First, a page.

- about 100 g smetana (you can use 20% fat sour cream)
The first thing you have to do is the dough for pirozhki – the basic leavened dough. This dough is very tasty and if you happen to have leftovers (which I did), try making some pizza! Why not?
So, in a large bowl combine all the dough ingredients except for the flour. Add 2/3 of the flour, mix and then gradually add the remaining flour – just do not make a very stiff dough. Here I added about a cup of rye flour as I wanted to make them more authentic. Leave the dough in a warm place for hour to hour and a half. The recipe says sprinkling flour on top and covering with a clean towel but I just oiled the surface of the dough and covered it with a shower cap=)
The original recipe also suggests adding much more butter to the mashed potatoes as you would usually do, I dunno how much I added, but surely a lot for just two small potatoes.
Now that you have your dough and the topping, let’s form the pies:
Using a rolling pin and a floured surface, roll out about 10-12 cm disks of dough, rather thin. Transfer them to a paper lined baking sheet. Now you can spread the topping – don’t leave large margins, the thing that characterizes shangi also is that they are almost entirely topped. But this potato layer should be quite thin as you will also have to spread sour cream on top. Leave the pies to rise (no visible difference with my pies) for 15-20 minutes. Bake at 220 ‘C for about 10-15 mins (I opted for 15). Then move the shelf to the top and lower the temp to 160 ‘C (switch on the top heat if your oven has such an option) so that the topping can get this brownish pattern (which I did not get that much). Be careful, watch over you shangi as they can burn quickly!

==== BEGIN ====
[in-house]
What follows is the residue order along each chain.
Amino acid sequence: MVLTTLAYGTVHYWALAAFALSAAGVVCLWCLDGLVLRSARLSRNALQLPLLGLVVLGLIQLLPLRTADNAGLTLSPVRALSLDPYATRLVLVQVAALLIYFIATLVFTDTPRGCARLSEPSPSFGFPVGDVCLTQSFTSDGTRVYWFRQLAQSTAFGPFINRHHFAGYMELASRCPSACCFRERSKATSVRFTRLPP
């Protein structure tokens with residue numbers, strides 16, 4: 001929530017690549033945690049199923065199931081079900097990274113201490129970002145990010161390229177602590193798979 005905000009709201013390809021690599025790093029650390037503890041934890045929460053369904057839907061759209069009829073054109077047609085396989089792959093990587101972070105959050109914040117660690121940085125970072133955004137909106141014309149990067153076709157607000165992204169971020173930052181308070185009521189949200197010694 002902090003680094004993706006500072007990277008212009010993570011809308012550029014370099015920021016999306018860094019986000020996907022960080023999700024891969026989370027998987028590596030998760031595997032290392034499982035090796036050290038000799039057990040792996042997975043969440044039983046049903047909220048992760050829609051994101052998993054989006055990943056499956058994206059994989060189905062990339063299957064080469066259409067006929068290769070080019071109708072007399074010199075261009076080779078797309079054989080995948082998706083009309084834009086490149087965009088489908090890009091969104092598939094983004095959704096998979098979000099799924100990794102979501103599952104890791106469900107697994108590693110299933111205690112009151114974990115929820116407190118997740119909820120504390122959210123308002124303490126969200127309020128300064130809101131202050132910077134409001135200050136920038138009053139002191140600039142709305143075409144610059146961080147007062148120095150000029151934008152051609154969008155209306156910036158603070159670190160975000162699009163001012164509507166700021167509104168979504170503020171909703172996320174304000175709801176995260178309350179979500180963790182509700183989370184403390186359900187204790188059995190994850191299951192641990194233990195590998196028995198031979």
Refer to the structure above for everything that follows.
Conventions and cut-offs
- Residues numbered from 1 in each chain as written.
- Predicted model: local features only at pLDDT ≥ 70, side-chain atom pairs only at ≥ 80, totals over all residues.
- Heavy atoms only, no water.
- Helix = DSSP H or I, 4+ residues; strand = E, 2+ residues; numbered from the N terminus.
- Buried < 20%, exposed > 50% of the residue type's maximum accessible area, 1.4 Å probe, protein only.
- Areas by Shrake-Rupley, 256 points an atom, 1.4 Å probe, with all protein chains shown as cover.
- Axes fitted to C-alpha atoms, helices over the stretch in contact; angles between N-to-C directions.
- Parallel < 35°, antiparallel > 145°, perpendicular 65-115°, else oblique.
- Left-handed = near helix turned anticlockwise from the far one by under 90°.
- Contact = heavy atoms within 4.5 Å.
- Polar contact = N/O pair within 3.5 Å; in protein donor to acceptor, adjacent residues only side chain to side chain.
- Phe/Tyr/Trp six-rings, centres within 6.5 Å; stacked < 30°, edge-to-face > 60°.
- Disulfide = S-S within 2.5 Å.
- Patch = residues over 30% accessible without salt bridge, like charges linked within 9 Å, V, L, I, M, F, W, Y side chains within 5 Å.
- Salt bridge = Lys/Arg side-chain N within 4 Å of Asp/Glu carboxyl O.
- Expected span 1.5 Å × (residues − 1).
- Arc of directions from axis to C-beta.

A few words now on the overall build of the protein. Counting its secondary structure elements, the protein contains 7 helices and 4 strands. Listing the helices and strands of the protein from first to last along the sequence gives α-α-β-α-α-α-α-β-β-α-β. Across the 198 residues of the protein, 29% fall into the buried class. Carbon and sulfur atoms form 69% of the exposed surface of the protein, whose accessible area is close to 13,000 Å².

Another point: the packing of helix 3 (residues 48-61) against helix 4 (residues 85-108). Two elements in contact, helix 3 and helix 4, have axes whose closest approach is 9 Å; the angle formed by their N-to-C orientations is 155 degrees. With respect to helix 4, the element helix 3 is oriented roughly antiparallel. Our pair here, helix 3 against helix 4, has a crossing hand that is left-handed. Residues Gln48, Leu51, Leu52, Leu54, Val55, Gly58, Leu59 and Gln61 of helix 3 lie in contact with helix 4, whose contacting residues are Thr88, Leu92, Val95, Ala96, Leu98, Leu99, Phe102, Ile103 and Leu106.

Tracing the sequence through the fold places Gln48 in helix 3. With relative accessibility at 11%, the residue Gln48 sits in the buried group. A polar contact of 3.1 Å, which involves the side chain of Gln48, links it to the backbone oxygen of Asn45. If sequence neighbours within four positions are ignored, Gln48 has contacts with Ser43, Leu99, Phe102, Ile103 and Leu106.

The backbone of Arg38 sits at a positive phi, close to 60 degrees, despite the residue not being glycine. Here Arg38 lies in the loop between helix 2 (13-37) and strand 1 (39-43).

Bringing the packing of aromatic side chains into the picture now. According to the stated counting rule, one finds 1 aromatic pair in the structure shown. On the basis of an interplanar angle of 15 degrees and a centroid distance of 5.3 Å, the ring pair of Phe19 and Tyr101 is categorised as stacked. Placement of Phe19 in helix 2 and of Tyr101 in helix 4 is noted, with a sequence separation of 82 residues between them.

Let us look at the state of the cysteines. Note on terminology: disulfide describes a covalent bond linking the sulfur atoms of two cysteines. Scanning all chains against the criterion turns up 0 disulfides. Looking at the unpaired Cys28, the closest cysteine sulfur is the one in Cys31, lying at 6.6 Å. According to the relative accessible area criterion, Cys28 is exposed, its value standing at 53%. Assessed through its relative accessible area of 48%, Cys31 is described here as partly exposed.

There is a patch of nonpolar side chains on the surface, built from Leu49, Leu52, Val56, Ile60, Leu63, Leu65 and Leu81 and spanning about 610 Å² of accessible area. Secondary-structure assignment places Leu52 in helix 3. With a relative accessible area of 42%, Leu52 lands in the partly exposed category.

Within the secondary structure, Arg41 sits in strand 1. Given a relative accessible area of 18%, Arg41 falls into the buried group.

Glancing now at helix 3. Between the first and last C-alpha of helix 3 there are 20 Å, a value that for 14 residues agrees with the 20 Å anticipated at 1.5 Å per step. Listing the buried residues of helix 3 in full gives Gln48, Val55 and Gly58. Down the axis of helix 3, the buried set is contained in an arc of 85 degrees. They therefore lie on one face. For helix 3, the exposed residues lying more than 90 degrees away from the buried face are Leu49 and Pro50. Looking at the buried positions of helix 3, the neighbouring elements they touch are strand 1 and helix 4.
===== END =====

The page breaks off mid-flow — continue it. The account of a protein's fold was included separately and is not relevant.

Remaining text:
The pies are traditionally served with melted butter, salted fish and… sour cream of course!
My addition of cheese, I guess, was just to the point, as it added some extra taste to the potatoes. If you skip the cheese, make sure to season the mashed potatoes well. The result is amazing. Believe me – if you don’t, just try making some yourself! =)
The leftover dough was used for rather weird meat pies – we brushed the base with crushed tomatoes, sprinkled some diced onion then spread minced meat (no idea which kind of meat it was, sorry;) which was already seasoned and mixed with onion and milk, I guess, and then I added some completely unorthodox thing like… mozzarella slices! and to make the pies even more odd, I topped the whole thing with sour cream=) Actually, the pies got alright, and although the juices escaped while baking, they somehow came back to where they belong while cooling down =) And I guess my Dad will be satisfied with the amount of meat (finally!) on those pies. Poor Dad, hard living with a daughter always baking but baking without meat!
Anyway, you see, you can use whatever topping you like – the dough is just so nice! Try making some traditional Russian toppings like already cooked porridge (how about buckwheat?) or even mashed carrots with sugar to make a sweat version!
BTW, got hold of some sesame flour today (!!) – now have to find a pretty recipe with it!
Tomorrow – back to work in the office but very soon I’ll hit the road again.